Inspired by a post on M.SU by studiohack, I'd like your thoughts on going through and cleaning up some of our old, unloved questions. I've taken a first pass at coming up with an SQL query (shamelessly stolen and adapted from the M.SU post) that shows some of these.

http://data.stackexchange.com/serverfault/s/892/old-seriously-unloved-questions

This query returns questions that have less than 50 views, no accepted answer, zero or one answers, and were last touched 180 days ago or more. For questions posted 12 months ago, having under 50 views is a good sign that they're not being picked up by the search-engines.

This is a fairly restrictive search. It can be expanded if we want, but I'm thinking these should be just expunged.

Good idea, or should we just leave things as they are?


Update: As I've gone through the query, I've noticed that a better metric is views-per-month. The stuff in the 6-7 month old range with 40-50 views still has some meat left on those bones. Roughly speaking, 5 vpm is about the breaking point of relevancy in the above list. I'll see if I can cobble together a query that'll do that.

Also Jeff Atwood has taken a well-aimed stab at making a query like this. His version:

Enable automatic deletion of old, unanswered zero-score questions after a year?

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The link to SH's post results in 404 –  Sathya Feb 6 '11 at 11:47
    
The link has been fixed. –  sysadmin1138 Feb 6 '11 at 17:12

4 Answers 4

up vote 5 down vote accepted

Please note we now automatically delete all questions meeting the following criteria network wide:

Enable automatic deletion of old, unanswered zero-score questions after a year?

  • less than (question age in days * 1.5) views
  • 0 score or lower
  • no answers
  • 1 comment or less
  • asked more than 365 days ago

This is in addition to deleting unanswered, negatively voted questions with zero answers after 30 days, which has been in place for a while.

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Leave the questions alone. It isn't like the database runneth over, the hamster is tired, and/or would burst into flames, but as my question to the linked post, which keeps getting deleted, will we lose our tumbleweed badge on recalcs? I'd rather have an answer, but you know, I can keep hoping someone will come along and know the answer.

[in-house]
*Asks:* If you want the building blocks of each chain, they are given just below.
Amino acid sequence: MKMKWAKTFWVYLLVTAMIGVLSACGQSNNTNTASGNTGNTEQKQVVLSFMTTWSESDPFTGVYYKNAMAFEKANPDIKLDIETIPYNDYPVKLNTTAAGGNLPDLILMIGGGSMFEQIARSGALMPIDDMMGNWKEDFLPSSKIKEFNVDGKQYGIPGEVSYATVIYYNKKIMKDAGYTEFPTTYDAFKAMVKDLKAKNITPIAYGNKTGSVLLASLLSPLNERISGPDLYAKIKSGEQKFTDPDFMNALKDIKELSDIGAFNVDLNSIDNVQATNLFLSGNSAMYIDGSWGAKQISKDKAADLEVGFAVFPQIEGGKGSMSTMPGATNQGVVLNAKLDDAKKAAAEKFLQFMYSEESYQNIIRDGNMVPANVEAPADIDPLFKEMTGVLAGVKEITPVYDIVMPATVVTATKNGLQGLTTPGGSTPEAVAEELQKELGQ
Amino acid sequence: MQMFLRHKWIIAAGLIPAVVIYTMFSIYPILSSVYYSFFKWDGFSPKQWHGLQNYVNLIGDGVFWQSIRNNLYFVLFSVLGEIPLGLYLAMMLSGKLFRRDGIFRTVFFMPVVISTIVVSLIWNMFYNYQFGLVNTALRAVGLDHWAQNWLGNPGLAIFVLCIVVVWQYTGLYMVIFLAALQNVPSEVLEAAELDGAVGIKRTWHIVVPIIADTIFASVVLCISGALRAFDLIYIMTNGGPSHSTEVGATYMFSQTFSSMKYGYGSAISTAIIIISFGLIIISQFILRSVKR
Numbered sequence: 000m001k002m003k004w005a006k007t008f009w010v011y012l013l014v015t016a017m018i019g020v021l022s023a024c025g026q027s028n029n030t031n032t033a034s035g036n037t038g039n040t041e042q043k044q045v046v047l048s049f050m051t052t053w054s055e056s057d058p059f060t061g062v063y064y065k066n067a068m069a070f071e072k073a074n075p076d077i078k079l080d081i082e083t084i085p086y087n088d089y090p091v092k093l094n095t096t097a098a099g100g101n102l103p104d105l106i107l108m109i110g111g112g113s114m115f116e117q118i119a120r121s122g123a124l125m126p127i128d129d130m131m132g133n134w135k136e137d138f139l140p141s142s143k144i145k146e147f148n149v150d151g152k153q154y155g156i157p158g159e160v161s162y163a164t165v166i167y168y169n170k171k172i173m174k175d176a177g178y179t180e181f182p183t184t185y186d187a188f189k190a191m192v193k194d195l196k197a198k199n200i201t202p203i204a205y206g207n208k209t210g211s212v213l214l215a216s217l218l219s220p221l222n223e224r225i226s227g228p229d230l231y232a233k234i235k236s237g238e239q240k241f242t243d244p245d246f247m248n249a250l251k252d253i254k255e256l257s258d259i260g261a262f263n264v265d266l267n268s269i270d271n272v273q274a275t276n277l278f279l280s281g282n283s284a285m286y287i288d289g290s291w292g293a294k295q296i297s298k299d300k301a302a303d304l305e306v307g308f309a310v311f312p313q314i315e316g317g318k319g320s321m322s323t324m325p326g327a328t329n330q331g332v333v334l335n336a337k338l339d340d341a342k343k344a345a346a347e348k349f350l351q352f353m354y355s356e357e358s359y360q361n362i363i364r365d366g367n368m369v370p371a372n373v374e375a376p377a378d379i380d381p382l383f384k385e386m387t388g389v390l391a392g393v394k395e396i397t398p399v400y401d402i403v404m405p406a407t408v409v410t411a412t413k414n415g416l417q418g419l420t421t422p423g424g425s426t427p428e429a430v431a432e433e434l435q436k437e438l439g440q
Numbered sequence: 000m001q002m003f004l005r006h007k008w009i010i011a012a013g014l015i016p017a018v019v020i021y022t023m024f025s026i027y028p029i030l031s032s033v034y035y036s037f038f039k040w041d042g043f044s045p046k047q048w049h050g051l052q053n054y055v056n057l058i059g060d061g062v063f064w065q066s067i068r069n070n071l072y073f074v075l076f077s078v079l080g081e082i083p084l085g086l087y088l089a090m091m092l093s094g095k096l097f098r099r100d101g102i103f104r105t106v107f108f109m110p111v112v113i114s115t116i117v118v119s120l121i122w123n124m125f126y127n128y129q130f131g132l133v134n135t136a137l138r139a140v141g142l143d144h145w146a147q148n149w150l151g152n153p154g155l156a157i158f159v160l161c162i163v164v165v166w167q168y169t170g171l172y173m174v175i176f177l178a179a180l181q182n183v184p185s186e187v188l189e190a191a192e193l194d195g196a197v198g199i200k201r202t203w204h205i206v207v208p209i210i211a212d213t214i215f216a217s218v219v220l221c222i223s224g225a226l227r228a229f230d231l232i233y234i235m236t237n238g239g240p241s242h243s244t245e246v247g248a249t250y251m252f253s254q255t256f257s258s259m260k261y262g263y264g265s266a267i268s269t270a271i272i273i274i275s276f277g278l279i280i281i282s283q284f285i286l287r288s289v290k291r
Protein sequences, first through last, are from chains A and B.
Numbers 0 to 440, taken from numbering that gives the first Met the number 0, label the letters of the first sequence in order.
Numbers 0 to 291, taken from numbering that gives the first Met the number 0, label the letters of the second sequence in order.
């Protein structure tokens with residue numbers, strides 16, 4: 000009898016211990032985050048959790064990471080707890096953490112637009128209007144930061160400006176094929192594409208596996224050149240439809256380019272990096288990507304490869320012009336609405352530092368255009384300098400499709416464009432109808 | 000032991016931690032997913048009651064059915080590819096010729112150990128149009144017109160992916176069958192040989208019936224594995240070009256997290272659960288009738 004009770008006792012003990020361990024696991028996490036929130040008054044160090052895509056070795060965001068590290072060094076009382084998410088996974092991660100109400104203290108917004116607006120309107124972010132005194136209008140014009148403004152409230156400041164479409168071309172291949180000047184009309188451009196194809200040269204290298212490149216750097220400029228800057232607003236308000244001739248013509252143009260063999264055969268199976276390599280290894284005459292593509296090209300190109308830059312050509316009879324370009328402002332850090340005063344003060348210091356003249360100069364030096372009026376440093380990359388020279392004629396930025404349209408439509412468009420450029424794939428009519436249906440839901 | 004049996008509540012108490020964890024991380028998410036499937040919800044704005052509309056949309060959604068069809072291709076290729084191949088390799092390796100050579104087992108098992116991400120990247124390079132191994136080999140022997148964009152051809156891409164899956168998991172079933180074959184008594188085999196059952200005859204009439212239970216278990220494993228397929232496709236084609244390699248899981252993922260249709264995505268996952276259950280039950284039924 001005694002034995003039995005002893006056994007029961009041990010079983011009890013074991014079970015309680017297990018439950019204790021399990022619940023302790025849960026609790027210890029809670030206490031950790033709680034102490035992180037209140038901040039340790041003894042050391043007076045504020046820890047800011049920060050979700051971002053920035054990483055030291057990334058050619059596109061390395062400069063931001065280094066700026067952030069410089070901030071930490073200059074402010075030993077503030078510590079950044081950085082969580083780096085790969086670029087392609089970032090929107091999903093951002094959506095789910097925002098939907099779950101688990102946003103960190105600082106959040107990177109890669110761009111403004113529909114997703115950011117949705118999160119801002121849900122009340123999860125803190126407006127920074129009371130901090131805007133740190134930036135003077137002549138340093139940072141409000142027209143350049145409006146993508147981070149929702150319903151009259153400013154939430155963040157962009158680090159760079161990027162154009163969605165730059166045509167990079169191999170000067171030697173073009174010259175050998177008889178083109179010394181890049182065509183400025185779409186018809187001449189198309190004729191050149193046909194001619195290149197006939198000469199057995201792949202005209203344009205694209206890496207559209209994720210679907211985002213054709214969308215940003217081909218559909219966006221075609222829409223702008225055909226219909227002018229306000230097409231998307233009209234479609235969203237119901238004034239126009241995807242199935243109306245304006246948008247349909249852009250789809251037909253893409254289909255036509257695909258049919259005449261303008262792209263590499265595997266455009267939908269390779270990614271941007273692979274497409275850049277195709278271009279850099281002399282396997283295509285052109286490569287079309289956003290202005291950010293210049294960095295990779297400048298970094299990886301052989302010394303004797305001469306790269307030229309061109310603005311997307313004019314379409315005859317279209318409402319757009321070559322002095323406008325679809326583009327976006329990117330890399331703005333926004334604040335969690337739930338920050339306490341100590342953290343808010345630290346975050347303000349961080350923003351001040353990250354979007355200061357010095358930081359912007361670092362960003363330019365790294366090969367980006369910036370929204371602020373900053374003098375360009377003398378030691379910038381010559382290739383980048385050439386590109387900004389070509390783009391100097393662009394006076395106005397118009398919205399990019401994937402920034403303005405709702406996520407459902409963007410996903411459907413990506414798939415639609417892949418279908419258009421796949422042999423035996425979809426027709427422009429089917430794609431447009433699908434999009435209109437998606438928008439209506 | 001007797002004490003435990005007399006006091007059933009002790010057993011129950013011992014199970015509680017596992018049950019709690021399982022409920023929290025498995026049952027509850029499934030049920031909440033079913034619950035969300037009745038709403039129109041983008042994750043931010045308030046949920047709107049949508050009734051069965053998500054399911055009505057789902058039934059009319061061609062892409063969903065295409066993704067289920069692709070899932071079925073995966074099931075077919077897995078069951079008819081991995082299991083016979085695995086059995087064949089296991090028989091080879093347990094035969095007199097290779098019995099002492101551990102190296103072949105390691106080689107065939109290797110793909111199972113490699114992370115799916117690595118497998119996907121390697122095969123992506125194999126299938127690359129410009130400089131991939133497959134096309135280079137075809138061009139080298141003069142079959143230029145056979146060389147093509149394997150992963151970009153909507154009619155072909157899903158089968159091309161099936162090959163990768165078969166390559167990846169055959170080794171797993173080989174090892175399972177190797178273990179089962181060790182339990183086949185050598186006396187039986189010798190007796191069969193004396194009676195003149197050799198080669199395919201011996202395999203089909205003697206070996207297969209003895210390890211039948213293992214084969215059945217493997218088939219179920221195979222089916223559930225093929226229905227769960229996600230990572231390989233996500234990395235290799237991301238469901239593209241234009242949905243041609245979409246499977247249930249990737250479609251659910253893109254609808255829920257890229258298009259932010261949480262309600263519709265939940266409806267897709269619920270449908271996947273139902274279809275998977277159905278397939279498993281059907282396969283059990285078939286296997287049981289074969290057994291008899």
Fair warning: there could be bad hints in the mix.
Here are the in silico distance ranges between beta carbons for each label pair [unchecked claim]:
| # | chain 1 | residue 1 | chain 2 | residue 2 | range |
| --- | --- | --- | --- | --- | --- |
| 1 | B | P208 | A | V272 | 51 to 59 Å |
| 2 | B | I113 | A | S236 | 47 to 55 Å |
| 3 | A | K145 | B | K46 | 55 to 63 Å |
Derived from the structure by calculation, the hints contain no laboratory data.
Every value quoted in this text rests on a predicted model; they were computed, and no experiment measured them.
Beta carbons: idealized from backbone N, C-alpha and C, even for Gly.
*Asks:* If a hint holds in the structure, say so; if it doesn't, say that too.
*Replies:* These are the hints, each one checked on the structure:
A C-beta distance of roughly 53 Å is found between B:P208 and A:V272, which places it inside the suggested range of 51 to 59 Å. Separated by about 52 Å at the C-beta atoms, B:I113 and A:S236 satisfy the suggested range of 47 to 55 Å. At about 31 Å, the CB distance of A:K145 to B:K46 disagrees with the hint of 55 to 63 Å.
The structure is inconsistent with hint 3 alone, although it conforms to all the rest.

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That's a fair point. I guess the question is what's more important to the site as a whole - to remain "vibrant" (for want of a better word) or to remain a respository for every question people have ever had about their network –  RobM Feb 7 '11 at 8:37
    
For details: meta.stackexchange.com/questions/17853/how-do-badges-work/…. In short, you'll keep the badge, but the next time you'd earn it, you won't get an additional one. –  sysadmin1138 Feb 7 '11 at 15:28
    
Why does the whole site have to remain vibrant? As long as there is new relevant content the old stuff doesn't matter. Some obscure questions will have the least activity but can be really helpful if there is no other resources answering them. –  JamesRyan Aug 20 '13 at 10:03

I think weeding the garden is important. If one of the goals of SF is to attract people here as a definitive place to ask and answer questions then those visitors aren't going to be impressed or by old badly written questions.

This then leads us on to whether or not there are other types of 'gardening' we should be doing, but that's a whole other debate.

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That's the thing about these questions, they're not getting views even with Community♦ poking them every so often. They're pretty much dead weight by now. Some of those questions are decent, just past their expiration-date. –  sysadmin1138 Feb 5 '11 at 16:38
    
So what do we do with the decent questions? Are any worth saving? Can those of us willing to put in the work to do that able to write answers - because surely if we could we would have already?. Will the asker return? I'm sure they solved the problem that caused them to ask a question a year ago one way or another by now, even if it was by throwing the problem system away and buying a new one! So who does it help to leave the questions/answer them now, and would they be helped better by just asking their own, fresh question? –  RobM Feb 5 '11 at 17:00
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While going through the above I found two I could answer, and did so. One even got an upvote! Which was downvoted 5 minutes later. So, still some life. –  sysadmin1138 Feb 5 '11 at 17:55
    
That's interesting to know. If there's still some interest then it might be worth saving the good questions –  RobM Feb 5 '11 at 19:39
    
I like the gardening analogy and there are definitely a few weeds that nee pulling out. –  John Gardeniers Feb 9 '11 at 1:57
    
+1 - In addition I doubt there's very many of us scouring the web for sites with unanswered questions from years gone by that we want to answer, even if we can. Especially when we realize that the OP is probably never coming back to see the answer. –  TheCleaner May 14 '13 at 16:12

Sweep up the crumbs.

Even if one day somebody may have an answer to the question, chances are the problem has been solved, worked-around, or just forgotten.

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